Indianapolis Colts Coach Ron Meyer said yesterday the team is planning to play the season without running back Eric Dickerson.
"We'd love to have him, but the fact is that with his hamstring injury there's a cloud of uncertainty and we have to go on," Meyer said. "That's the hand we're dealt, so we've got to go on and win games without him.
"I feel good about the four backs we have; really good. I don't think any of them are great backs, but I think they epitomize the work ethic. I think they epitomize unselfishness. They each block for one another, they're fairly good runners and fairly good receivers."
Dickerson, a six-time Pro Bowler, is seventh on the NFL's all-time rushing list. He reported to the Colts Aug. 6 after being fined $16,500 as the result of an 11-day absence.
However, he failed his physical and has been rehabilitating the injury at a Houston clinic. The Colts asked Dickerson to return Thursday for another physical, but they don't know if he will comply.
Bears: Rookie running back Johnny Bailey paid a fine of about $1,400 shortly after a prosecutor said he might go to jail.
The outstanding fine was the result of a 1986 drug conviction, Harris County (Tex.) Assistant District Attorney Bob Stabe said in Houston. Bailey paid the fine Tuesday.
On Monday, Stabe told Bailey's attorney, Robert Bennett, that if Bailey didn't appear in court by Friday, he would be arrested. Although Bailey has paid the fine, Stabe said he is still due in court on Aug. 31.
Bailey, college football's all-time leading rusher from Texas A&I, also has failed to report to a probation officer seven times in the past three years, Stabe said.
Also, the Bears gave Steve McMichael permission to talk to the Houston Oilers about a trade after negotiations with the holdout defensive lineman broke off.
Agent Larry Bales said McMichael, 32, would be willing to play for the Oilers for his current $500,000 salary. He had been asking $800,000 from Chicago, but the Bears were willing to pay him only $775,000. The club, however, withdrew its offer July 26 and insisted McMichael play for $500,000.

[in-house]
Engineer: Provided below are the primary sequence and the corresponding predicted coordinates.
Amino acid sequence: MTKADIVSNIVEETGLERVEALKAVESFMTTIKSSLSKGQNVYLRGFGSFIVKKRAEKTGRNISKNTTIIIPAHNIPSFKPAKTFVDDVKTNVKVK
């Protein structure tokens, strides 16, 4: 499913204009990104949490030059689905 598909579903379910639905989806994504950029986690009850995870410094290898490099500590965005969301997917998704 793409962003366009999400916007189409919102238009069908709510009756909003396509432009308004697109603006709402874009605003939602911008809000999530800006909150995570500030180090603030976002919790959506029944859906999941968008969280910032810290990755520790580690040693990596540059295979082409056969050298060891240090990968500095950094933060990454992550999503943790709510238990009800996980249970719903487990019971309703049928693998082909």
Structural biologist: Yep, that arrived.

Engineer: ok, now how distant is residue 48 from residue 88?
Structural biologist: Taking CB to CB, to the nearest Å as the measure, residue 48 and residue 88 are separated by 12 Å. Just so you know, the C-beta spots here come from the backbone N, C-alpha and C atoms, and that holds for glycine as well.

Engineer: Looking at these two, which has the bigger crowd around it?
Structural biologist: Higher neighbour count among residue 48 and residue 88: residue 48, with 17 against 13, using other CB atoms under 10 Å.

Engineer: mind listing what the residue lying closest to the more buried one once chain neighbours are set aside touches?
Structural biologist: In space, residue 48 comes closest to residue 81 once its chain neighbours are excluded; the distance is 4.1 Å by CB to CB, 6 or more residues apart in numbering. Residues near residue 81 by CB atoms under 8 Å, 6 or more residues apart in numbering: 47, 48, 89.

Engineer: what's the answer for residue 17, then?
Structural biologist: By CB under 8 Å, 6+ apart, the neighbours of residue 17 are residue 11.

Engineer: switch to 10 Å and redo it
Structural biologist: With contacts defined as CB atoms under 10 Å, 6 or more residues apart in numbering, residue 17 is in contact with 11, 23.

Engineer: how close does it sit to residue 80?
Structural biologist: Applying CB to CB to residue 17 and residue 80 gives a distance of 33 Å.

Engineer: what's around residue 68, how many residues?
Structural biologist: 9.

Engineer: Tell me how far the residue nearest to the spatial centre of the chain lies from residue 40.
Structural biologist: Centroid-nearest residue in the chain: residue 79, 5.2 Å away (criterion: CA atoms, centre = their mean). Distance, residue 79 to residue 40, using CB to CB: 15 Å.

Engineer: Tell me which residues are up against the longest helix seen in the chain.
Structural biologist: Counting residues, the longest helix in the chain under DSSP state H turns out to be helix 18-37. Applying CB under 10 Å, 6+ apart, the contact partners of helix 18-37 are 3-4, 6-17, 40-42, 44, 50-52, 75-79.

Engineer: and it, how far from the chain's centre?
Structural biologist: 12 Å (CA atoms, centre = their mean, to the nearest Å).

The Bears had offered to sweeten the deal with incentives but refused to drop the $42,000 in fines they assessed McMichael for missing practice since training camp opened July 26.
Packers: Bob Woolf, the agent for holdout quarterback Don Majkowski, said he has presented a reduced contract request to the team in an effort to "bridge our differences."
Woolf said the proposed multiyear contract would pay Majkowski, who was named to the Pro Bowl last season after guiding the Packers to a 10-6 record, about $2 million a year.
The new proposal is substantially lower than a five-year deal Majkowski's agents first proposed that would have paid the fourth-year quarterback about $2.8 million a year.
Chargers: General Manager Bobby Beathard gave top draft choice Junior Seau an ultimatum yesterday: Accept the team's sweetened contract within 24 hours or face progressive cuts in its value.
San Diego's previous offer called for an average annual salary of $850,000 over five years. Seau, the fifth player selected in the draft, was seeking an annual salary of $1,199,999, or $1 less than the yearly pay of Tampa Bay's Keith McCants, who was selected immediately ahead of Seau.
Phoenix Cardinals: Signed their last holdout, second-round draft choice RB Anthony Thompson, to a contract. Terms were not disclosed. The team also claimed DE Ralph Jarvis off waivers.
New York Giants: Signed CB Mark Collins and NT Erik Howard, two of four starting defenders who had held out. All-Pro LB Lawrence Taylor and DE Leonard Marshall still are not in camp. Both are in the final year of their contracts, and are seeking to renegotiate.
Los Angeles Rams: OT Jackie Slater ended his 28-day holdout and reported to camp. Still holding out are LB Kevin Greene, TE Damone Johnson, S Michael Stewart and DT Doug Reed.
Cincinnati Bengals: WR Tim McGee began working out with the team after ending a 26-day holdout. Terms of his contract were not disclosed.